Daar was al die rally’s saam met Cecil en Paaijapan. Persoonlik dink ek daar is klein-kinders met Av-gass in hulle bloed. Pa en Ma het een aand in die middel van die winter by ons oorgeslaap. Juis met die hele Rally konvooi. Pa het voorgestel dat die manne buite sou slaap maar het nie rekening gehou met die Vrystaatse koue nie. Die nag het die manne voor die kaggel geslaap. Dit het nogal ‘n gesnork uit die boonste rakke gewees.

Pat en Pa wat “flips” in DVZ ZA oor Kameel geneem het. Dit was vir Pa groot vreugde en hy het later jare vertel hoe Kameel en die omgewing uit die lug lyk. Daar is later ‘n langer aanloopbaan deur die mielielande gemaak. Later jare sou Pat, Ma, ek en Hennie gaan blomme kyk in Springbok en ja ek kan ‘n noodlanding aftik op my lys.

Daar was die kuier in Namibia by Susan en Derick. Die plaas was op Gobabis en toe die terugrit aangepak moet word was die motor se battery pad en al genade was die Landdrover. Nodeloos om te sê, Derick het ‘n plan gemaak, ‘n matras is vir Ma en Susie agter op die Landdrover gesit. Hulle moes darem in gemak reis. Ma kon nooit uitgepraat raak van hoe sy en Susie die hele pad terug Windhoek toe gegiggel het.

Daar’s al die kuiers by Mike en Hes in Bloemfontein en Mike wat Pa na elke “scrapyard” in Bloem moes neem. Dis seker waar ek my liefde vir ‘n skrootwerf gekry het.

Daar was kuier in Harrismith en pa se woorde aan Hennie – “Hendrik ek weet nie wat jy betaal het nie maar ek is seker jy het te veel betaal”

Oupa wat Pedri geleer het van toast, bacon en eiers – sy gunsteling!.

CO9YAY0VAAAVWWF-1
Wat ‘n lewensrit was dit nie!
d6a3a05f357542dfe8b3e2255ca87538
When you give your children knowledge, you are telling them what to think. When you give your children wisdom, you do not tell them what to know, or what is true, but, rather, how to get to their own truth.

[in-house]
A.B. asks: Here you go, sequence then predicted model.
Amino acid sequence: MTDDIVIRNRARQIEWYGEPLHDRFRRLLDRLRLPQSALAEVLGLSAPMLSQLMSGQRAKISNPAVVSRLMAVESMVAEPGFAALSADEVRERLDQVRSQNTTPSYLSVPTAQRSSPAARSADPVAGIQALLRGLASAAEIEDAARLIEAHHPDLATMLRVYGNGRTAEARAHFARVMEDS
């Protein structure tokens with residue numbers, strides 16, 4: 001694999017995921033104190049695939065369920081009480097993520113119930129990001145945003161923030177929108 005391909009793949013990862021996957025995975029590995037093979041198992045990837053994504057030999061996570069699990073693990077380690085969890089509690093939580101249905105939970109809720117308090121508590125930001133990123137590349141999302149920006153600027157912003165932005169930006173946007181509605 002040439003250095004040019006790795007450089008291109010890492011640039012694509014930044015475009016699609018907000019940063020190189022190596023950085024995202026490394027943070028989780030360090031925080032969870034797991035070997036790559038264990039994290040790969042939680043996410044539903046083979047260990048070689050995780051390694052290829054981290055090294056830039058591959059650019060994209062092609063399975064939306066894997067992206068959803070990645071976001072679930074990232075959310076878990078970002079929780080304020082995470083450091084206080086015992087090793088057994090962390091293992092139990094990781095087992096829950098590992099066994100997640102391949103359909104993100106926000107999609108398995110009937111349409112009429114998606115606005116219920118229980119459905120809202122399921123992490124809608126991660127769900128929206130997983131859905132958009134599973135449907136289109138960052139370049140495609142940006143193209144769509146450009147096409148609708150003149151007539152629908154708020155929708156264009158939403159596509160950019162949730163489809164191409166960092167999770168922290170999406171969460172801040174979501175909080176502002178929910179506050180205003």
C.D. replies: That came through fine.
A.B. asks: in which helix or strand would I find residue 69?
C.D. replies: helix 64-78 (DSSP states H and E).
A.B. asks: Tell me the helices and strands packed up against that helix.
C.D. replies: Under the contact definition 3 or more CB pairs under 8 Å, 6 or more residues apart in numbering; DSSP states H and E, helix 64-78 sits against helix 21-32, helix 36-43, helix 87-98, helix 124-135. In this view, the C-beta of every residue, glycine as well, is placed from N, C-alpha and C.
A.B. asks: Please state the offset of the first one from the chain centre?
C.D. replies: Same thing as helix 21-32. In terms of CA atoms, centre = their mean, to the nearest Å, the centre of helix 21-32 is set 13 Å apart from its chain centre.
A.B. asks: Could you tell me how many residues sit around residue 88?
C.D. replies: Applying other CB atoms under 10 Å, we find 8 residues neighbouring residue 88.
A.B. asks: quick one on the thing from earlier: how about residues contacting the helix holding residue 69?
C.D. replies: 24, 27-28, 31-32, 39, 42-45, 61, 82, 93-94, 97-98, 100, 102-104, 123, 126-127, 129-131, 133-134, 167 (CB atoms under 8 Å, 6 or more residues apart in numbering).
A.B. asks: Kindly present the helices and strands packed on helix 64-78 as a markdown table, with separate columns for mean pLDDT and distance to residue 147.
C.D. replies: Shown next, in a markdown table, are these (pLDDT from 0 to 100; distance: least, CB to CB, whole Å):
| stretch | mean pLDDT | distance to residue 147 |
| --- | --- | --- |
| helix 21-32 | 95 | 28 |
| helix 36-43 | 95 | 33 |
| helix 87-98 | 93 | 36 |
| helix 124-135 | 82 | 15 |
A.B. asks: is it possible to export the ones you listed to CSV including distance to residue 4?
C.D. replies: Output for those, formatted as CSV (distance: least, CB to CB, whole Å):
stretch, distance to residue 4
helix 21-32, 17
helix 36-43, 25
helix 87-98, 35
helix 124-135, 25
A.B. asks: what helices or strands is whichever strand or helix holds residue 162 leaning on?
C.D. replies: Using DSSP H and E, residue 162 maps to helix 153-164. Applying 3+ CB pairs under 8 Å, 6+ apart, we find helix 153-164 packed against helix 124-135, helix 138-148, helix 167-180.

Tot ‘n volgende keer

Hennie & Sandra

De Oude Huize Yard

Journey to Stardom

We purchase De Oude Huize Yard and our family moved to Harrismith on 15 December 2000. Our sons did a huge commitment to leave their schools, sport and friends behind and join this new venture into the Free State.  Remembering the night that we traveled to Harrismith and the uncontrolled veld-fires were lighting the skies Pedri made a comment —so beautiful but so destructive.  Our new lives away from the hustle and bustle of Pretoria and “retirement” in the town will have to make a difference.

Everything’s done on impulse.

We bought the old house to save it from the bulldozer and in the words of Adam Small:

proud ou gabou—pathetic pêllie
stil ou—djy fancy djy staan nog…
djy word gedemolish sê ek vir djou!…
Hoor djy die pêrepote vannie bulldozers?

Ever since we have spend all our time in renovating and collecting history about our house and the town.  Even thought everything that we , Pedri and Gerald-Cecil have done did not come easily we still see this as a blessing and we would like to believe that we have made a difference to De Oude Huize Yard and our neighbourhood.

De Oude Huize 2000

Our neighbours are the best.  On our day of arrival they welcomed us with tea, coffee, rusk and a lot of help.  Strange people opened their hearts and hands to help us to move into a very dialectic house.  They treat us with love and open their heart to all off us.

On opening the front door of our new dwelling we immediately decided to give it a name — De Oude Huize .  The state of neglect was cleary visible and we decided to keep to the original era of the house and try to safe a little history in Stuart Street.  We had little experience of such a big renovating process and as the kids at school asked Gerald-Cecil— does your parents know what they are doing—he could honestly answer I don’t know, I think they don’t know themselves.

Voordeur

We have read articles on renovating but nothing really helps until you start with the process.  We have asked stupid questions and really work our fingers to the bone.

 

The renovation process of the original house was solely done by Hennie, Pedri and Gerald-Cecil.  They have sanded floors, scraped down old paint remove rotten novilon, wood and carpets. They have cleaned the yard from invasive kakibos.  They have leveled the garden and made new beds.     They have opened up the Attic , painted every room and  replaced old floorboards.

 

De Oude Huize Story stoep

To put the cherry on cake the new sandstone wing was added on the footprint of the old stables.

 

De Oude Huize Yard Logo

Till next time

Hennie & Sandra

De Oude Huize Yard